South Korean Workers in ‘Squid Games’ Outfit to Protest Against Poor Working Conditions

Vrinda Gupta
Vrinda Gupta

Is Squid Games based on the real-life crisis of Koreans?

Squid Games was released on Netflix on September 17, 2021. From the launch, it has become the biggest series launch of Netflix. Written and directed by Hwang Dong-hyuk, Squid Game is about 456 debt-ridden strangers who are invited to play a series of survival games. The story of Squid Games revolves around characters participating in life-threatening challenges that are Korean children’s games. The games include huge cash prizes of45.6 billion won ($38 million). In these games, elimination includes death. However, the players still choose to play this game is due to the indebtedness they suffer.

In South Korea, thousands of union workers wearing costumes inspired by the Netflix hit Squid Game rallied in the streets.  On Wednesday, they were protesting for more jobs and better working conditions. The workers of the Korean Confederation of Trade Unions (KCTU) were in large numbers and they staged nationwide demonstrations in Seoul and other locations.  Furthermore, there were dozens of members who were dressed up in flamboyant jumpsuits and mask similar to those worn by actors in the Netflix show.

Here, you can watch this YouTube video to get a real picture of the protests:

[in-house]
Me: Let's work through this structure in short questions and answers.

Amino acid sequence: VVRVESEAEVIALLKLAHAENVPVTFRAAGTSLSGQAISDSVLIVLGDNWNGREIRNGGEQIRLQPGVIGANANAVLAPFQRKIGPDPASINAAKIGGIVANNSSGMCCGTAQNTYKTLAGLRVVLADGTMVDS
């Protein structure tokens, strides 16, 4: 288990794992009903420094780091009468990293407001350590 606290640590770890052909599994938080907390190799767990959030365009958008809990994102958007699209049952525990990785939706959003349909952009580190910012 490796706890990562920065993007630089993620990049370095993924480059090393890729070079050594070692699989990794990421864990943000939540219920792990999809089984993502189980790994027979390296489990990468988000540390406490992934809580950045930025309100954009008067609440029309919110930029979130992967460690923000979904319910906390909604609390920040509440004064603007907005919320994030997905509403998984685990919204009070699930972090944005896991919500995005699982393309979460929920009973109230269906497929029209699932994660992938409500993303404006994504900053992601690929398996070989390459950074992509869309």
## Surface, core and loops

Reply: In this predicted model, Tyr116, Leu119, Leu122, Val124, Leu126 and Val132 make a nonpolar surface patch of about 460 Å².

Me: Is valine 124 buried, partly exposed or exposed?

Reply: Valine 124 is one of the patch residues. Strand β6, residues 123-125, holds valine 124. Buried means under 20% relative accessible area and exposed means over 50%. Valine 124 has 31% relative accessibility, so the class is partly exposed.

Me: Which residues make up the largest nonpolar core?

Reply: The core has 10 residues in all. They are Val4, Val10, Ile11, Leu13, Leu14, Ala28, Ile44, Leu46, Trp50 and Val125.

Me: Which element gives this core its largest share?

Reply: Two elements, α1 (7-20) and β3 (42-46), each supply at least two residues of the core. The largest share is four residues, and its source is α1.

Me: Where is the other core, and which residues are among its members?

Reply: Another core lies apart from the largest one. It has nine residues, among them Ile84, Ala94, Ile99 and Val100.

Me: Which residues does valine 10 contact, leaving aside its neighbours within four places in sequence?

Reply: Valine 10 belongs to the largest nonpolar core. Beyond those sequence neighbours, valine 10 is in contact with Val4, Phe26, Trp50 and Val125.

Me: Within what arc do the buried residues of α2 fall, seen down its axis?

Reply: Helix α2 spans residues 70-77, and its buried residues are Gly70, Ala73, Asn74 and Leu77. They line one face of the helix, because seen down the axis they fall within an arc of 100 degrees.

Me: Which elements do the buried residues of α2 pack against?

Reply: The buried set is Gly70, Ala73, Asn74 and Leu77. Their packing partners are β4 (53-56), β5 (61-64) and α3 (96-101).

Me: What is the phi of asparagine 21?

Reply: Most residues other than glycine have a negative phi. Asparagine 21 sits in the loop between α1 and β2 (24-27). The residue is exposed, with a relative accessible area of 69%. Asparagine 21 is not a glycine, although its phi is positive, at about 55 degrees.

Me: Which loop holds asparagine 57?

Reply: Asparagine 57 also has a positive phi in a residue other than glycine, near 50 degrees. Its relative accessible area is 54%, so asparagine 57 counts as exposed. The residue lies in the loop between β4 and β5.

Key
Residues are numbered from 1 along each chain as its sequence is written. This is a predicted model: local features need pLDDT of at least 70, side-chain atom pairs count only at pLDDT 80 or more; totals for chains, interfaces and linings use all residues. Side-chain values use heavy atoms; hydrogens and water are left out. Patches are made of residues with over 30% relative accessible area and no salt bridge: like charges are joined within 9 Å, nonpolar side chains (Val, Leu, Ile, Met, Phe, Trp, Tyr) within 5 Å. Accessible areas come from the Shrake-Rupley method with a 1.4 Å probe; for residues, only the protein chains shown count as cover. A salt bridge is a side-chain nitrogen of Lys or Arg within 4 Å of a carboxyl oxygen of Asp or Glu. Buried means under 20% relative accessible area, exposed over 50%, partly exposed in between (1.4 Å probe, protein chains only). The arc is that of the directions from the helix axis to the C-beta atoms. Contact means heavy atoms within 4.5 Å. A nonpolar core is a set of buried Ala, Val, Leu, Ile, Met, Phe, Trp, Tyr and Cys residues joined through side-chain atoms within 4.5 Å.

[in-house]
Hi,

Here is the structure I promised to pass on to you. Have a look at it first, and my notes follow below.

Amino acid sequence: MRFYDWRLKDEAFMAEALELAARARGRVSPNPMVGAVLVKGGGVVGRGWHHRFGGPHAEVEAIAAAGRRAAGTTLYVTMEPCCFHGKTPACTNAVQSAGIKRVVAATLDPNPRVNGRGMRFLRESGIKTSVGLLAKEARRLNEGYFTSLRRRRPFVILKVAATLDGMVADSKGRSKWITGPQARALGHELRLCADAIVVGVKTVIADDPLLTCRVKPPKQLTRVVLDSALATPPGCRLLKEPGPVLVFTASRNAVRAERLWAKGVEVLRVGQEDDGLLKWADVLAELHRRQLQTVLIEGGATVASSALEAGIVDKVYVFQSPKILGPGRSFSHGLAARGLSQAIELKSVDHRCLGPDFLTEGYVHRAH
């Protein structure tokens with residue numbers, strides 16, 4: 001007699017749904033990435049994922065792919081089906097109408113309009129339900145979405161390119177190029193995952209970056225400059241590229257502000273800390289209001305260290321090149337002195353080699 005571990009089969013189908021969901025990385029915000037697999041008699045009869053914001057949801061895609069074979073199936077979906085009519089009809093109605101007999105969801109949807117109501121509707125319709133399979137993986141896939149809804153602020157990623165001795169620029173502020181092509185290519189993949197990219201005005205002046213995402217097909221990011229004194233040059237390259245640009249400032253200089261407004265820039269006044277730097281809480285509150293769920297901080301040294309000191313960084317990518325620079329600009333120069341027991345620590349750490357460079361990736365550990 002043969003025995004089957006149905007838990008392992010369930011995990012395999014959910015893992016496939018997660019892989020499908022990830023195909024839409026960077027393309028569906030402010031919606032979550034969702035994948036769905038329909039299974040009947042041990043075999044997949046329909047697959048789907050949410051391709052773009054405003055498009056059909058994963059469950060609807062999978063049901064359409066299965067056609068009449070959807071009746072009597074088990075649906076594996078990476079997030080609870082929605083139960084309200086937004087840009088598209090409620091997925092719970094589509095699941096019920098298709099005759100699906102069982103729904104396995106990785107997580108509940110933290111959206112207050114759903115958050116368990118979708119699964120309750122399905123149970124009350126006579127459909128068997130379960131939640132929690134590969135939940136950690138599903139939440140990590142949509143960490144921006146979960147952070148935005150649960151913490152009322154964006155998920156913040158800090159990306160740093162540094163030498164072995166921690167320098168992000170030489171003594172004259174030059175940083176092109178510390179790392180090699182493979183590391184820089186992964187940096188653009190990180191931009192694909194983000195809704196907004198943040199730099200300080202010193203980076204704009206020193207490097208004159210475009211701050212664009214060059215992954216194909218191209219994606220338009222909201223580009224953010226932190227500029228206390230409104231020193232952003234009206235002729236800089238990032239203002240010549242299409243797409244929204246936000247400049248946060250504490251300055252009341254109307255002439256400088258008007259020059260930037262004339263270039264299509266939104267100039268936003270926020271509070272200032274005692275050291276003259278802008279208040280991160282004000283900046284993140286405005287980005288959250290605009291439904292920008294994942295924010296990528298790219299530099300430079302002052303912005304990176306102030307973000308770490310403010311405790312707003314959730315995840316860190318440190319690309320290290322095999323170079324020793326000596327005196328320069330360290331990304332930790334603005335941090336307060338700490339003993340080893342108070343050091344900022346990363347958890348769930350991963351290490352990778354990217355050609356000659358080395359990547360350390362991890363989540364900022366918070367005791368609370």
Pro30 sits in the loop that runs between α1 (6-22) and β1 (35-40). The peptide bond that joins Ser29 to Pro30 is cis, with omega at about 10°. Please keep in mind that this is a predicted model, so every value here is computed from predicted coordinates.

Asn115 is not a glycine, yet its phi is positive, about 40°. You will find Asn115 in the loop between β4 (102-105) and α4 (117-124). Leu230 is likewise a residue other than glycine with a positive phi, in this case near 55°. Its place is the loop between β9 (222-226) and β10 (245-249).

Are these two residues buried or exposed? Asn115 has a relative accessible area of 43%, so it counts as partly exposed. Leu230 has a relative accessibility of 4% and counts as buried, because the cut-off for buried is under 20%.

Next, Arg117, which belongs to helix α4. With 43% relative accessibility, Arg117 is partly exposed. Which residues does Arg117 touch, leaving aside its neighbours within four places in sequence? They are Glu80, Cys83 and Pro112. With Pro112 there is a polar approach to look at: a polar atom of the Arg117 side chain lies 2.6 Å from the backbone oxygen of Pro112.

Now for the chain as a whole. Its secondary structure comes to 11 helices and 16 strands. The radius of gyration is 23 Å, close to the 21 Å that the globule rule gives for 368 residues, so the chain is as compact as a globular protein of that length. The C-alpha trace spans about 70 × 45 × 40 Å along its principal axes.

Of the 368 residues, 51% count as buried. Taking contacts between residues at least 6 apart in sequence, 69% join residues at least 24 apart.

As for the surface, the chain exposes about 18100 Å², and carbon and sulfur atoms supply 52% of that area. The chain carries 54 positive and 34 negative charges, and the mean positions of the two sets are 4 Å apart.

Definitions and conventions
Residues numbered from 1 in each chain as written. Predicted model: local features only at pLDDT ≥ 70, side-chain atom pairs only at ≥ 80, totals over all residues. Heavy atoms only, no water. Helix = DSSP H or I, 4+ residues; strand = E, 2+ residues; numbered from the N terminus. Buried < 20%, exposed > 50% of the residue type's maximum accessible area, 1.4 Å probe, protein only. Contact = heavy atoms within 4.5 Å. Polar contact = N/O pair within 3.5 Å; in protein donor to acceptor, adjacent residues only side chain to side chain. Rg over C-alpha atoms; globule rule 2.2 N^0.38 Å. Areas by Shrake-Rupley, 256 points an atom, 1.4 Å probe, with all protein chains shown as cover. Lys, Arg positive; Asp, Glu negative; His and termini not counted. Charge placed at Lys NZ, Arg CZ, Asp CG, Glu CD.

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What are the Workers Demanding?

In the video, you can see some people holding flags and signs.  The signs say “Inequality Out” and “Safe Youth Employment; Quality Youth Employment“. One of the members of KCTU said, “About 80 youth union members dressed up in costumes that parody the Squid Game, which bitterly satirizes the bare face of our society.” However, Seoul city, on Thursday,  filed a complaint against the group with the police. Reportedly, the government said it is illegal to stage protests while Covid-19 is prevailing. As a result, they mentioned that the union is violating the infectious disease prevention law. Only one person protests are allowed in Seoul. That too follows current social-distancing norms.

While South Korea is one of the fastest-growing developing nations, there is a dark side to it as well. The quality of life of Korean citizens is suffering as there is a rise in personal borrowing, the highest suicide rate among advanced nations, and the rarity of getting free of debt. Household borrowings in South Korea is so high that it is almost equal to the country’s GDP. In fact, the borrowings stand at US$1.5 trillion which surpasses the economic output.



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